There’s little doubt that Ryan Zinke has been involved in some shady fundraising in political campaigns, but it appears he has taken that selfishness to a new level with the purchase of a $60,000 RV for his campaign. Derek Willis at ProPublica notes that the Congressman’s latest report includes the absurd expenditure.
Two items on his latest campaign expenditures show that the Zinke for Congress campaign spend $51,9000 and $7,2000 to purchase what is variously described as a “campaign vehicle purchase” and the “remainder of the RV balance. The two payments came on April 7 and May 18, 2016.
Confusingly, the payee on each line is not an actual RV dealer, but the Congressman’s wife, Lolita Zinke. The $51,900 expenditure is the largest single expense in his entire campaign. What’s unclear right now is whether or not this is the same RV he was traveling around in during the 2014 campaign, but I will keep digging. My guess (unsubstantiated at the moment) is that Zinke is paying himself full market value for his own RV, the one he used in the last campaign.
It’s also worth asking whether the vehicle is registered in Montana.
Back in 2010, Politico wrote about another member of Congress, Eric Massa, who purchased a $32,000 vehicle for himself with campaign donations. At the time, a former FEC attorney described the problematic nature of an expenditure like that:
Even in normal circumstances, purchasing a car with campaign funds is “vexing and nettlesome,” Gross said. Accounting procedures are cumbersome, because the lawmaker might use the car for several purposes, including for campaign travel, government travel and personal use.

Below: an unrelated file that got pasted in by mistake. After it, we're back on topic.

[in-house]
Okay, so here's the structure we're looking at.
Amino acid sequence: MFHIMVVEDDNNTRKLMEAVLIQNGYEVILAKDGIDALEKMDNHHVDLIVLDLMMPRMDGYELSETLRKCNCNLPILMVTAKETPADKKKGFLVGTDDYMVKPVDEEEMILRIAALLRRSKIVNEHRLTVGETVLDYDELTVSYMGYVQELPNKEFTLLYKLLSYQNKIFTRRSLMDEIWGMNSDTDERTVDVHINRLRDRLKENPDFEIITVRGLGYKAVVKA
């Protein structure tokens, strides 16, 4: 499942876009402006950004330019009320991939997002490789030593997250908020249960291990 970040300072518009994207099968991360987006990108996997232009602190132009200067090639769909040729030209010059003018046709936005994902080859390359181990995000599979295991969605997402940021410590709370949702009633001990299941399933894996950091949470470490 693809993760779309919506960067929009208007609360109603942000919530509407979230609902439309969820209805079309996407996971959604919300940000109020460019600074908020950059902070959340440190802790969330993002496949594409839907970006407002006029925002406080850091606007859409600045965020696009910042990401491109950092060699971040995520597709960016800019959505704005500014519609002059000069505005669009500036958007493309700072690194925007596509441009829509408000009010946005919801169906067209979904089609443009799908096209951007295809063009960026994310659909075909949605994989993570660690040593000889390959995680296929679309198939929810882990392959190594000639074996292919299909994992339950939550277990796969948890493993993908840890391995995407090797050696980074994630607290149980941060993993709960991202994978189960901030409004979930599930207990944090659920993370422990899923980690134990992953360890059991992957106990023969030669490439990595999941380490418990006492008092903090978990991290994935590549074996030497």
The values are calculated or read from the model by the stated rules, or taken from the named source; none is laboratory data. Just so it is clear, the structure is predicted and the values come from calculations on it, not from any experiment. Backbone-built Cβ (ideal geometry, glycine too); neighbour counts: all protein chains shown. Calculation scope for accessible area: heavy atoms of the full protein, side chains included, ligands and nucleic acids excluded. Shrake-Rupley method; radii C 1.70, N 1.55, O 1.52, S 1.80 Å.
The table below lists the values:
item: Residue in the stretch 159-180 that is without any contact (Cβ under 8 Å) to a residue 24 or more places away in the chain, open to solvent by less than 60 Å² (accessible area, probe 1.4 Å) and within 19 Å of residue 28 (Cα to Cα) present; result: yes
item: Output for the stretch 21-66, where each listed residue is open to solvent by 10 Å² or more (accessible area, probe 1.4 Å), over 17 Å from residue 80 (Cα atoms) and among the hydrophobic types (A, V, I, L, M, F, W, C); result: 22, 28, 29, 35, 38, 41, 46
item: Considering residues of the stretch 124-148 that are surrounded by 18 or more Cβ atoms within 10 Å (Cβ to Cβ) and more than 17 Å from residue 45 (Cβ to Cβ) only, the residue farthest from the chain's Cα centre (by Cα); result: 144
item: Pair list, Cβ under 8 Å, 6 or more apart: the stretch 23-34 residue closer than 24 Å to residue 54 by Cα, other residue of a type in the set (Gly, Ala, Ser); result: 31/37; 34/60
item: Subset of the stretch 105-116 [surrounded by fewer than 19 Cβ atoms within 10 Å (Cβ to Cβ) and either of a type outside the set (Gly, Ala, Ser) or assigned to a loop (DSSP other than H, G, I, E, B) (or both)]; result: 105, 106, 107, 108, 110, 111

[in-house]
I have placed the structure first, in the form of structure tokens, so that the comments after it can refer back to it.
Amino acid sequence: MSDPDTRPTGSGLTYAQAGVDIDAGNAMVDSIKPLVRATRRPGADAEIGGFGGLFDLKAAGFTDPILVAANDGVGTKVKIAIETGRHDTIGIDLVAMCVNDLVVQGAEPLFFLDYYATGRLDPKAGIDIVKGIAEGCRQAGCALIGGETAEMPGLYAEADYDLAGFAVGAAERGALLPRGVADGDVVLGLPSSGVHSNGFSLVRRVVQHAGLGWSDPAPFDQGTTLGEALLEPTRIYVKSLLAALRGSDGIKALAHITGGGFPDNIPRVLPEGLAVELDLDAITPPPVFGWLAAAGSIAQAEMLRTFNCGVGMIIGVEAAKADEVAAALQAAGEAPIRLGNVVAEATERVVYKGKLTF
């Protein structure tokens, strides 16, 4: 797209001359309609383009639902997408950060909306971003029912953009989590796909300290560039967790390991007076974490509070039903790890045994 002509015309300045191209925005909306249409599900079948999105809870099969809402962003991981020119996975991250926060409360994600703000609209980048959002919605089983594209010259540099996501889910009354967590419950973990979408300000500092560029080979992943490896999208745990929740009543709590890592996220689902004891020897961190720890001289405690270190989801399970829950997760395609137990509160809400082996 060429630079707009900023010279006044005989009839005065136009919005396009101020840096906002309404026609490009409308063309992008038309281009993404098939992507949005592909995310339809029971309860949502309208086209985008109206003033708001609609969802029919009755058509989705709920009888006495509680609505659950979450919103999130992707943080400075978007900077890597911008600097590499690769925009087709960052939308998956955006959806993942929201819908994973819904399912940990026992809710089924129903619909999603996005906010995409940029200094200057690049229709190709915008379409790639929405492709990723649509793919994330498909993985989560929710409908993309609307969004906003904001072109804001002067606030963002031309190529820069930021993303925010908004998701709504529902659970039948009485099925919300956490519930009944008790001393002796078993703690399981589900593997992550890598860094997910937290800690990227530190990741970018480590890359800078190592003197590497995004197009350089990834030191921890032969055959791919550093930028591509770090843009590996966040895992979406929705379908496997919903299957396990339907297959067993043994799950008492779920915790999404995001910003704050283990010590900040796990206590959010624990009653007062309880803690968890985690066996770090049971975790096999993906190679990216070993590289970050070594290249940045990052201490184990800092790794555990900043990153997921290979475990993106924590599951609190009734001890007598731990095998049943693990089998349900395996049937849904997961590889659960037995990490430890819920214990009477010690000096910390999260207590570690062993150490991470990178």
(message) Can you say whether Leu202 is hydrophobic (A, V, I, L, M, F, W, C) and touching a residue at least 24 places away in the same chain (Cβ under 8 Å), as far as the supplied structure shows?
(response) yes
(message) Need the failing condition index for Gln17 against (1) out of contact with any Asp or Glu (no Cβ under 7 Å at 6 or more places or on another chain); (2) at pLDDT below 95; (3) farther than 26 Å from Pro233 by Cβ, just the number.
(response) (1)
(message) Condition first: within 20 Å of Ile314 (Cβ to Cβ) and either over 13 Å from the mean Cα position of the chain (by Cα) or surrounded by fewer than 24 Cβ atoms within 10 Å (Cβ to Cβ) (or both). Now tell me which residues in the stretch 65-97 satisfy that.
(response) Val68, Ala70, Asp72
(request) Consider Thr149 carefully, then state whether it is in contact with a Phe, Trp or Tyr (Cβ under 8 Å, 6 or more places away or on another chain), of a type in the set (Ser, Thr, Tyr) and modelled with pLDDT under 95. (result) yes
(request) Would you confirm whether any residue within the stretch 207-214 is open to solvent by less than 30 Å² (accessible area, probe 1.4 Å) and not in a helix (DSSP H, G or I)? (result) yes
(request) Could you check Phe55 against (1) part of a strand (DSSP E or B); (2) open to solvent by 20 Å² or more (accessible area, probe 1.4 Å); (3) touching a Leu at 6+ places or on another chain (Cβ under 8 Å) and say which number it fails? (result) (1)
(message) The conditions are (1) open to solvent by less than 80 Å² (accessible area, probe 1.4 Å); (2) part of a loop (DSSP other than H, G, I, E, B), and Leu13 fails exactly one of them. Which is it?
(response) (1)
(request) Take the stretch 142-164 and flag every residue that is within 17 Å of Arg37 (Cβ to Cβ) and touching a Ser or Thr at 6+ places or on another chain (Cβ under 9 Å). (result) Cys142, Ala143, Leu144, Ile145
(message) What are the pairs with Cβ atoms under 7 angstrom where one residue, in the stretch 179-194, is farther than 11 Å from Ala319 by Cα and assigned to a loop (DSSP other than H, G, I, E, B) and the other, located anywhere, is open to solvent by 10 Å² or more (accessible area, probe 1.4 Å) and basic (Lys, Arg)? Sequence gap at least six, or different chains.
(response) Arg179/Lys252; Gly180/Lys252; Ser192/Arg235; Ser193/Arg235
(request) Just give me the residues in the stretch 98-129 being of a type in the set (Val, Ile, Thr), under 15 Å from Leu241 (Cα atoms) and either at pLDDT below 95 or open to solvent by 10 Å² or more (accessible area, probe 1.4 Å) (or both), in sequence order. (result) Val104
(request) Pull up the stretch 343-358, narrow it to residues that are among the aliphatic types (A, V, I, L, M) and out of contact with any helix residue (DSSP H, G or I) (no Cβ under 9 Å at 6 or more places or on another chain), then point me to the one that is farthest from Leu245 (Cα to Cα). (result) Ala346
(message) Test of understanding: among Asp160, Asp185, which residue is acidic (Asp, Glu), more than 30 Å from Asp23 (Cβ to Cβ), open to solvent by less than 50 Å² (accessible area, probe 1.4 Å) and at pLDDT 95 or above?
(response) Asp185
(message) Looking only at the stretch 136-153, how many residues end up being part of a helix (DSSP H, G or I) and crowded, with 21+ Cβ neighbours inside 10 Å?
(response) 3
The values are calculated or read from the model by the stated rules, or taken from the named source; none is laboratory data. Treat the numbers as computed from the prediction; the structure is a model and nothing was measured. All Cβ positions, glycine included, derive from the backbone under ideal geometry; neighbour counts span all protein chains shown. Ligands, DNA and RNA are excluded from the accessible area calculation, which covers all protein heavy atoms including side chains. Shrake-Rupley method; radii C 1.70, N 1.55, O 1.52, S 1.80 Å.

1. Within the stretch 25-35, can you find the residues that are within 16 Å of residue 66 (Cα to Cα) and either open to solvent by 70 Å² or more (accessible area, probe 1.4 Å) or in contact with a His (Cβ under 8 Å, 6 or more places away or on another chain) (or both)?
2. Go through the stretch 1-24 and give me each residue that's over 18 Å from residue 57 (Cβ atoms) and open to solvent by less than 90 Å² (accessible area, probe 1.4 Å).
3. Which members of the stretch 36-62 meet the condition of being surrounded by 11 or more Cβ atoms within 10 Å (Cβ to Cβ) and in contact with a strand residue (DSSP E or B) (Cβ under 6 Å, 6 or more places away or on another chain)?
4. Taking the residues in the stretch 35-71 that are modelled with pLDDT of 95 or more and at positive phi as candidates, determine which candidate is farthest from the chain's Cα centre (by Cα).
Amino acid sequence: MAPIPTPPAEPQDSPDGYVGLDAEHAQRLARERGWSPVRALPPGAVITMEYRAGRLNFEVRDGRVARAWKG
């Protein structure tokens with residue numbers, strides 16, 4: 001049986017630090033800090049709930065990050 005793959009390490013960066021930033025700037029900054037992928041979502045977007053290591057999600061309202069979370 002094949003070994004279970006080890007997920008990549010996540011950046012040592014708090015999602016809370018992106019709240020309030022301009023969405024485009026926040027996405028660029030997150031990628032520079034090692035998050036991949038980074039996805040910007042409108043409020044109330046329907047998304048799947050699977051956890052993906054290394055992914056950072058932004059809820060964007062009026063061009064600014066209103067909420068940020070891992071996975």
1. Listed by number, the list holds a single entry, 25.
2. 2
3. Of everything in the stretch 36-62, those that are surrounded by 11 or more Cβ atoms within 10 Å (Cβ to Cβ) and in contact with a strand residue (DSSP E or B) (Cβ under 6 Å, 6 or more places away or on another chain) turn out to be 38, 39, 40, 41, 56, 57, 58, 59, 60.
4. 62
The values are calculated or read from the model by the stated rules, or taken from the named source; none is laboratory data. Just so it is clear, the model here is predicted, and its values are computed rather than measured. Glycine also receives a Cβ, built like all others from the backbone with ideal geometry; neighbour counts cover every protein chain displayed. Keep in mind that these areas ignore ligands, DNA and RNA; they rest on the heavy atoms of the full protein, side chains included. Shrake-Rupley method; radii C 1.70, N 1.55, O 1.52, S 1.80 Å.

The FEC in 2001 ruled that Rep. Gregory Meeks (D-N.Y.) could purchase an automobile with campaign funds, as long as he kept a mileage log parsing out personal use and campaign use.
Zinke has a history, both in the Navy and as the leader of a SuperPAC, of mixing up funds that are for official and personal business. He’s never fully disclosed the nature of the discipline he received for improperly spending travel funds as a SEAL, and his actions at his SuperPAC were so shady that fellow Republican Rick Hill called him out for it, writing:
However, what concerns me about this solicitation is its legality. Using an independent PAC to solicit funds for a federal candidate is highly questionable.
While at his Special Operations for America SuperPAC, Zinke funneled $26,000 to himself and thousands more to friends, despite saying that he would not take a cent from the donations. His use of SOFA as a personal piggy bank was called out by Congressman Hill again, who wrote:
Zinke needs to make public the financial records of Continental Divide International. We need to know if he had used it to improperly funnel money from SOFA and other entities for personal gain.
The median household income in Montana is $44,222, or about 2/3 the cost of the RV that Ryan Zinke is collecting campaign donations for. Given that Mr. Zinke makes $174,000 a year on his Congressional salary, it’s unseemly at best and criminal at worst to shake down elderly voters with inflated TERROR alerts about Syrian children instead of purchasing a toy for himself with his own salary. I eagerly look forward to the next report, which will likely include a line item for “sick cammo paint job” at a few thousand bucks.
You might ask your Republican friends if it’s reasonable to ask whether or not donations, many of which get funneled to Ryan Zinke’s friends back home and cronies in Washington, and now go for the purchase of an RV from his wife, are really in the best interest of Montana or are just in the best interest of Ryan Zinke, who has turned self-promotion into not just an art form, but a moneymaker.